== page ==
User-Generated Ads

One of the more eye-opening aspects of presidential candidate videos has been the way supporters have created their own buzzworthy video ads online. Most prominent so far is Vote Different, a mash-up of the 1984 Macintosh computer commercial and a Hillary Clinton video — casting Clinton in the role of Big Brother. The video spawned many responses, including this less polished reversal= with Barack Obama in the role of Big Brother. You can watch the entire “Vote Different” ad here:

At first, there was a mystery surrounding the maker of the Vote Different video, whose handle on YouTube was ParkRidge47. Eventually, he revealed himself as Phil de Vellis, who worked at Blue State Digital, a technology provider for several presidential campaigns, including Obama’s. de Vellis resigned from his job, but was proud of the work he did with the video, which has garnered more than 3 million views on YouTube — more than any other presidential video there by far.

Here’s part of his explanation of how things have changed:

I made the ‘Vote Different’ ad because I wanted to express my feelings about the Democratic primary, and because I wanted to show that an individual citizen can affect the process. There are thousands of other people who could have made this ad, and I guarantee that more ads like it—by people of all political persuasions—will follow.

This shows that the future of American politics rests in the hands of ordinary citizens. The campaigns had no idea who made it — not the Obama campaign, not the Clinton campaign, nor any other campaign. I made the ad on a Sunday afternoon in my apartment using my personal equipment (a Mac and some software), uploaded it to YouTube, and sent links around to blogs…This ad was not the first citizen ad, and it will not be the last. The game has changed.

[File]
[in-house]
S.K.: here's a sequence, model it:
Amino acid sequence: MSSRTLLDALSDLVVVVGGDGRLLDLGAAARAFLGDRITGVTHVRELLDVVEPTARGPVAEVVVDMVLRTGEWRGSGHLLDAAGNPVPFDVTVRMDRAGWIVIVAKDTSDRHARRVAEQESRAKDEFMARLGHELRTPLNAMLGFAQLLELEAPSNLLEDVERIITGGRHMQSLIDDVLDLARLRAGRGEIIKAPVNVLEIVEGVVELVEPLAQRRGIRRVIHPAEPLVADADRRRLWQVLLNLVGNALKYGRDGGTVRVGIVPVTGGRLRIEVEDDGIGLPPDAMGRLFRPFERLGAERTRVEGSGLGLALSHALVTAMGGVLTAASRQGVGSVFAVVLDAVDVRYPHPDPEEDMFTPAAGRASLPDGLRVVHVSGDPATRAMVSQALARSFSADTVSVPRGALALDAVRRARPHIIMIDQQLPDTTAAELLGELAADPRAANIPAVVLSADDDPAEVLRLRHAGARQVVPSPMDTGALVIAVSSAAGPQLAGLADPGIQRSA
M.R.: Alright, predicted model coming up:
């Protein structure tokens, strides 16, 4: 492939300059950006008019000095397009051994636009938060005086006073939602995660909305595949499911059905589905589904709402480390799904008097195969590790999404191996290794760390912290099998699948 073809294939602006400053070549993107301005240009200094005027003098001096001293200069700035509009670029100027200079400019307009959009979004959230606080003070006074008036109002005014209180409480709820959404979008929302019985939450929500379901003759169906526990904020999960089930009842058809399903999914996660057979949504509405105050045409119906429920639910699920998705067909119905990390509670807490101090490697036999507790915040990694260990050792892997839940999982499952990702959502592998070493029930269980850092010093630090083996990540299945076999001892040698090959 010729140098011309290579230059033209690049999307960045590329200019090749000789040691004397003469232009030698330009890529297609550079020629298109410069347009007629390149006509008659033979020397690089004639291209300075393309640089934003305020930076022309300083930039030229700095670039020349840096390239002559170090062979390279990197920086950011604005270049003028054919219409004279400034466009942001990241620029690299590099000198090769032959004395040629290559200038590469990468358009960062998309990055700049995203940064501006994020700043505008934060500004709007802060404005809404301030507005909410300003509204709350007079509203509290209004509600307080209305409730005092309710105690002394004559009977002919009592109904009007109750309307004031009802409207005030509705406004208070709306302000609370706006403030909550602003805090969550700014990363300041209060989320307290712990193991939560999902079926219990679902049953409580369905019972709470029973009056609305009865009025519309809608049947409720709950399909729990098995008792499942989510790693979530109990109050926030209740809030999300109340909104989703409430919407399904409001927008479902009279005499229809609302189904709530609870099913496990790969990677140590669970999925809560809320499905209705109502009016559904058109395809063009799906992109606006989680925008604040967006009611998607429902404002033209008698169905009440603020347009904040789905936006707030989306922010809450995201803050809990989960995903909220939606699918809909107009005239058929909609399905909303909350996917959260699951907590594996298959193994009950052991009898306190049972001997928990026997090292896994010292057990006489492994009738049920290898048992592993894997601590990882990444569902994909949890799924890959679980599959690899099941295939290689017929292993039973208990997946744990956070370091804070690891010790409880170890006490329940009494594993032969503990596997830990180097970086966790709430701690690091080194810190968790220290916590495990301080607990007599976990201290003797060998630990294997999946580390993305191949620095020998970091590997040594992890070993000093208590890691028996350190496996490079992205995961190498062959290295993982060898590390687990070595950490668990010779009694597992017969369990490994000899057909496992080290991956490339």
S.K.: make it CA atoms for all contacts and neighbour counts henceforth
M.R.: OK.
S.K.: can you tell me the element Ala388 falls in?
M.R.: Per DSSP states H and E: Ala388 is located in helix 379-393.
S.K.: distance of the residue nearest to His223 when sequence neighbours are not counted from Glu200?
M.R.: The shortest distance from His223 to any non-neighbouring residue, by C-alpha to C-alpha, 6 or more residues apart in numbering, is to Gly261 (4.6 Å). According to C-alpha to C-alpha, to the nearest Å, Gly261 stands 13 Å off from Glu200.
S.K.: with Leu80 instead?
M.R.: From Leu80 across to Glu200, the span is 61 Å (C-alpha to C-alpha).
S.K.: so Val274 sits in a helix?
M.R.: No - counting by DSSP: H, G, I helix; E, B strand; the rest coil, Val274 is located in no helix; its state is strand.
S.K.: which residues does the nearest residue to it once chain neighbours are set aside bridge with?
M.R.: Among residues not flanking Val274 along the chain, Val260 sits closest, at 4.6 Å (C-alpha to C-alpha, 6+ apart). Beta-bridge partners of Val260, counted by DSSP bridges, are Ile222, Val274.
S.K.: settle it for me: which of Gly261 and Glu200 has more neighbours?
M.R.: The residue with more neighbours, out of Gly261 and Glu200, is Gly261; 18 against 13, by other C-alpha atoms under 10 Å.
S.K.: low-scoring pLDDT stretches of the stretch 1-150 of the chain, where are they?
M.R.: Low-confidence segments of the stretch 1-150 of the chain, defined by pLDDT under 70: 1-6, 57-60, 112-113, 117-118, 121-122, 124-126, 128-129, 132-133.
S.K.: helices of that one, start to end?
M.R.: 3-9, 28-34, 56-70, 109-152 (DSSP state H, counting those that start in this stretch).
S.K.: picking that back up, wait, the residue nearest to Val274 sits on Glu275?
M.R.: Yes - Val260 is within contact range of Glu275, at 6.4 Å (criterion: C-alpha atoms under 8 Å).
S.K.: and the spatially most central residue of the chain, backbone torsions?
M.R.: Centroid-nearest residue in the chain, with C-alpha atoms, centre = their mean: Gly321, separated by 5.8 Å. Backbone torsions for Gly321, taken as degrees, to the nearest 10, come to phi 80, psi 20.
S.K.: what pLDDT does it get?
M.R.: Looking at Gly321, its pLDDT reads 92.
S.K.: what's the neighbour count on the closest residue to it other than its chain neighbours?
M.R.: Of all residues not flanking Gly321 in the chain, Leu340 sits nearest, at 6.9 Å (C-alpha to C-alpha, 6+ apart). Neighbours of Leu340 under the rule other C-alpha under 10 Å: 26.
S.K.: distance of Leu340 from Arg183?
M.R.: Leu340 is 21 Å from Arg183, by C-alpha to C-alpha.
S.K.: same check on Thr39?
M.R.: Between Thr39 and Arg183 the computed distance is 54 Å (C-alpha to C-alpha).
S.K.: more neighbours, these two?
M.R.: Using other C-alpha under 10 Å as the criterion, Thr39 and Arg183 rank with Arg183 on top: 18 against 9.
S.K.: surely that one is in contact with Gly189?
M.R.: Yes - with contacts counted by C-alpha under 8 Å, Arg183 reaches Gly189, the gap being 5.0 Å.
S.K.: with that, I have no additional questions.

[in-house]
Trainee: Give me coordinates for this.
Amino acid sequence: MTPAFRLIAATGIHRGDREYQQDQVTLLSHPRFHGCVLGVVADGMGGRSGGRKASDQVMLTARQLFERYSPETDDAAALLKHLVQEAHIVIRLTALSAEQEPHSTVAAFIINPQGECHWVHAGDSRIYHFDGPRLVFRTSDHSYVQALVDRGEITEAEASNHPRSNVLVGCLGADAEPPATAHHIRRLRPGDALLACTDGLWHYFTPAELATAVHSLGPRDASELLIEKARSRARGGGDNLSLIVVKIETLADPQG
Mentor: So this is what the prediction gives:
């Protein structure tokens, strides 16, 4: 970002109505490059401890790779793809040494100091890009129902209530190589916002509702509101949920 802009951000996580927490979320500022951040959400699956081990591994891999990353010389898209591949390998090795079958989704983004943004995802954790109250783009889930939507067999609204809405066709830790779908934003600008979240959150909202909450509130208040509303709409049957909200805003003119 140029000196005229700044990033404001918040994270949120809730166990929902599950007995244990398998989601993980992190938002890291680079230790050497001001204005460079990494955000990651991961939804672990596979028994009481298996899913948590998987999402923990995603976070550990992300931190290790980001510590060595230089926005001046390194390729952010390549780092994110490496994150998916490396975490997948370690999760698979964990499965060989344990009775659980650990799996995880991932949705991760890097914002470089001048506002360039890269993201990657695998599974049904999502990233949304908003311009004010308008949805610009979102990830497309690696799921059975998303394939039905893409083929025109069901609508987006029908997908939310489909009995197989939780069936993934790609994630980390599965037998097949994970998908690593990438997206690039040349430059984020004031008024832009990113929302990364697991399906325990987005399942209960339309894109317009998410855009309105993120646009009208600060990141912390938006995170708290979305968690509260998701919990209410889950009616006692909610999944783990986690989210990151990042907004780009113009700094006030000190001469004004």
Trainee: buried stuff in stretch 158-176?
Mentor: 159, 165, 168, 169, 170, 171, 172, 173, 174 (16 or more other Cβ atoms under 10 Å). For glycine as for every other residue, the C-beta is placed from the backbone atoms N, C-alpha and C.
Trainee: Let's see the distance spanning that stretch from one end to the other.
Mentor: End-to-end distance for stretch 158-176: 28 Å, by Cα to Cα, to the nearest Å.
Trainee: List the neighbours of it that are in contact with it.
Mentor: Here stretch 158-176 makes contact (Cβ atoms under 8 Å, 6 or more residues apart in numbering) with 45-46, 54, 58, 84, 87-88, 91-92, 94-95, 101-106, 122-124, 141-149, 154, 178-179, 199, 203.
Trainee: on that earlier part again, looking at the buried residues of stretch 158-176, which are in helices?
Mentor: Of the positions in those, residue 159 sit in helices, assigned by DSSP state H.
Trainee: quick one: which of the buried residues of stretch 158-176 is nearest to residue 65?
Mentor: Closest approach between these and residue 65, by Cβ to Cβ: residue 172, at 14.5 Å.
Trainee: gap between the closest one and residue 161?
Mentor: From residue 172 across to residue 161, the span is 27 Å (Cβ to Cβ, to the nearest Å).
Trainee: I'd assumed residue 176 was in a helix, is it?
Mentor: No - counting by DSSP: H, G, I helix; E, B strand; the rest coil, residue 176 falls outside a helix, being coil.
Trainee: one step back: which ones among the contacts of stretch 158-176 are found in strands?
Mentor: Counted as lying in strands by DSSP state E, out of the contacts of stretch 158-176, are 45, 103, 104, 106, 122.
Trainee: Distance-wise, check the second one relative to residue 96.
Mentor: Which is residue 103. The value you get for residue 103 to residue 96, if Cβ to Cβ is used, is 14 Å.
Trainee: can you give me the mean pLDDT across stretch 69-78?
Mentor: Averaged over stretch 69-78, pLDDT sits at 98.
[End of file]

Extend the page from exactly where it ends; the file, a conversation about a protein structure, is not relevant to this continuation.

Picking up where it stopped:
That’s certainly true, when someone with home equipment can produce an ad that catches the public’s imagination and causes the campaigns to take notice and react. There are many precedents for user-generated political ads, with MoveOn’s Bush in 30 Seconds contest proving to be the most popular. The progressive group asked people to submit political ads about Bush in December 2003, having people vote on the winning ad, which aired in January 2004. People submitted more than 1,000 ads, which were rated 2.9 million times. [See UPDATE below for more on this contest.]

Video Sites and Resources

Here are more websites, blogs and articles about the presidential video phenomenon so you can learn more:

Candidate Video Sites

Official Candidate Sites

John McCain Channel on Veoh

Hillary Clinton’s HillCasts

Barack Obama’s Brightcove Channel